Archaeology’s not all Indiana Jones — until it is.
Case in point is the groundbreaking work done on St. Catherine’s Island south of Savannah. David Hurst Thomas of the American Museum of Natural History in New York spearheaded a project in the late 1970s which uncovered an enormous slice of previously unknown history.
He and his team found and researched the fabled Spanish mission of Santa Catalina de Guale. That Franciscan mission on St. Catherine’s, begun in the 1590s and intended to Christianize local Native Americans, was not only in operation much longer than the better–known California missions, it’s a lot older too.
Thomas and his crew even found the site of the old chapel. The wood–and–thatch structure is gone, but the foundation remains, its former walls indicated by an outline of palm trees.
Mass is still occasionally held there, making it technically the oldest active Christian church in North America.
A talk by Thomas himself is the highlight of “Digging Savannah,” a new program made possible by a grant received by Armstrong Atlantic State University.
“The grant was to get students more involved in solving the huge problem of archaeological site loss, especially along the coast where we have so much development,” explains Laura Seifert, an AASU social sciences adjunct professor helping to lead the project, along with fellow prof Barbara Bruno.
The Feb. 12 talk by Thomas is followed by a March lecture on Georgia’s underwater archaeology and an April talk on the Civil War site Camp Lawton. Now on the grounds of Magnolia State Park near Millen, Camp Lawton was actually bigger than the much more well–known Andersonville POW camp.
Seifert says that contrary to popular opinion, there are very few protections for archaeological treasures.
“The only protection is on public land, and that’s only sometimes. If federal money or permits are involved, then there are some archaeological protections, but otherwise nothing. And certainly nothing on local level,” Seifert says.
“We do such a good job in Savannah with preserving our buildings, but people tend to forget about the archaeological sites which are attached to pretty much every one of those buildings.”
She says even in a case like the “Big Dig” — the Ellis Square redesign and construction of an underground parking garage which must have uncovered plenty of artifacts — there was no opportunity for research.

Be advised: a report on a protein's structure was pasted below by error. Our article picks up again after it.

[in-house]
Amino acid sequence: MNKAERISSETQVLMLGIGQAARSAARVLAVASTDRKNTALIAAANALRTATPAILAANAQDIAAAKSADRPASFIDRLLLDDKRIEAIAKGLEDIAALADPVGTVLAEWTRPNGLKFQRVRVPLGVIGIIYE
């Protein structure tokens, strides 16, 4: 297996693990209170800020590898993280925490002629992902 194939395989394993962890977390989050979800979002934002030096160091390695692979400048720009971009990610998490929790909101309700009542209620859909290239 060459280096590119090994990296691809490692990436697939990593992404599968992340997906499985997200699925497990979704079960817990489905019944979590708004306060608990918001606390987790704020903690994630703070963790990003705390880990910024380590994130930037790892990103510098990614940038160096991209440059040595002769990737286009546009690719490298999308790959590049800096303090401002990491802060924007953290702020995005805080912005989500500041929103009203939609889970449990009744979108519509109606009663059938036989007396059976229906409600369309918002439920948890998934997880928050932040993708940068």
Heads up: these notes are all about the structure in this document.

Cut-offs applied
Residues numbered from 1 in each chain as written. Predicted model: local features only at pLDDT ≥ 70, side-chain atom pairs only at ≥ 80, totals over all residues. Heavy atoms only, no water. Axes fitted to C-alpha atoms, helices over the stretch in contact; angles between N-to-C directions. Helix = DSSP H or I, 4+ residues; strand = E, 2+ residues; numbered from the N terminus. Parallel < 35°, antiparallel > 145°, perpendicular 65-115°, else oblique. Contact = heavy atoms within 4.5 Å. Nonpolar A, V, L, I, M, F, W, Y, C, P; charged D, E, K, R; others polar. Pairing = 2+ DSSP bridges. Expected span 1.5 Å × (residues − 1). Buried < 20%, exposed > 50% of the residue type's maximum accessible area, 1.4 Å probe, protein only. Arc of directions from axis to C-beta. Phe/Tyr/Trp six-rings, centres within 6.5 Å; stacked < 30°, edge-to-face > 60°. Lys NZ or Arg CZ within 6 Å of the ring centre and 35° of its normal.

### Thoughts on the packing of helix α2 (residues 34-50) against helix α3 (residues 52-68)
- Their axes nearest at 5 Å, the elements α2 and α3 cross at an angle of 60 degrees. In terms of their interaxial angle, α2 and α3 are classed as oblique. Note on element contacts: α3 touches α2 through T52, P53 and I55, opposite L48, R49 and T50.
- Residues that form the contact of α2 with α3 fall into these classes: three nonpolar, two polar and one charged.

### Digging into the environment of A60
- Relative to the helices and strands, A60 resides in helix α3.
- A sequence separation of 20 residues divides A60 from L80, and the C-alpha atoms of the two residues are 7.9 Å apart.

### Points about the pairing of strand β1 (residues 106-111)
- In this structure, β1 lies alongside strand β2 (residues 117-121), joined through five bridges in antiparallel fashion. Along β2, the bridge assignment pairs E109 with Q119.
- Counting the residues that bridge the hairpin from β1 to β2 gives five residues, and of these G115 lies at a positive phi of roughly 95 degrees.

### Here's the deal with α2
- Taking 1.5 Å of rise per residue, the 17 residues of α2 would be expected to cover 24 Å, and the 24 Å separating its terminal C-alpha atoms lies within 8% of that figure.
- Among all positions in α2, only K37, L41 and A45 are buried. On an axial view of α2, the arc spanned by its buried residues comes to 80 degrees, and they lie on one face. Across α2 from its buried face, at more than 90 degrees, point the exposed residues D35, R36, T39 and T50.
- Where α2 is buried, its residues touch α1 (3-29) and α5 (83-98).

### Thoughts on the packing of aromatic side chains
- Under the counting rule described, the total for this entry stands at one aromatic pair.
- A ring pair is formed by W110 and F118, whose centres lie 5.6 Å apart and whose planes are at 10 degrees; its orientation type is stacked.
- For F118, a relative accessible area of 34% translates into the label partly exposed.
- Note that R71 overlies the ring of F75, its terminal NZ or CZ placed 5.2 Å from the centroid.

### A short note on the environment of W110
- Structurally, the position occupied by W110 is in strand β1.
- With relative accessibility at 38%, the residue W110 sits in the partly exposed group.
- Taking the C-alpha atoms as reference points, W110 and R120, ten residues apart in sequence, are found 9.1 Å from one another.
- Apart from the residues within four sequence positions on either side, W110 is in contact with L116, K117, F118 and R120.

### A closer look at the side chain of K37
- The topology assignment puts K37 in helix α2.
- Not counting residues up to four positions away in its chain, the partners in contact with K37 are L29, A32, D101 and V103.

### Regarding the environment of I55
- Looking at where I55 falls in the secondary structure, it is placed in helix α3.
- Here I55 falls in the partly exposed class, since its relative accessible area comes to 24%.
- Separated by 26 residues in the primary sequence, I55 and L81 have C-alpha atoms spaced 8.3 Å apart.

“You get that chance with a private company only in a really rare case. Construction companies and developers have to complete their projects in a timely manner and run their businesses.”
Two other components are involved with “Digging Savannah”: An archaeological walking tour app and some visits by the “ArchaeoBus.”
“The app will take you through different sites to tell about the different archaeology that’s gone on there,” Seifert says. “It will be map–based, and probably will start at Battlefield Park — so much interesting archaeology has been done there.”
The app — scheduled for rollout by the end of this semester and so far only for Android — will also feature the slave quarters and basement of the Owens–Thomas House. Seifert says there are also plenty of sites in downtown public spaces, such as Madison and Lafayette squares.
The “ArchaeoBus” — a repurposed bookmobile used for school visits to spread awareness of archaeology — will hit the Armstrong campus in the spring in visits open to the public.
All lectures begin at 6 p.m. in Armstrong’s Ogeechee Theatre, 11935 Abercorn St., and are free and open to the public.
Tue., Feb. 12, the American Museum of Natural History’s David Hurst Thomas lectures on St. Catherines Island: “Romance and Reality in Georgia’s Mythical Mission Past.”
Wed., March 27, Chris McCabe, Georgia’s Deputy State Archaeologist–Underwater, lectures on “Georgia’s Archaeology Underwater: A Coastal Perspective.”
Tue., April 16 will feature Georgia Southern University (GSU) archaeologist Lance Greene and his talk, “Life in the Prison Pen: Archaeology at Camp Lawton.”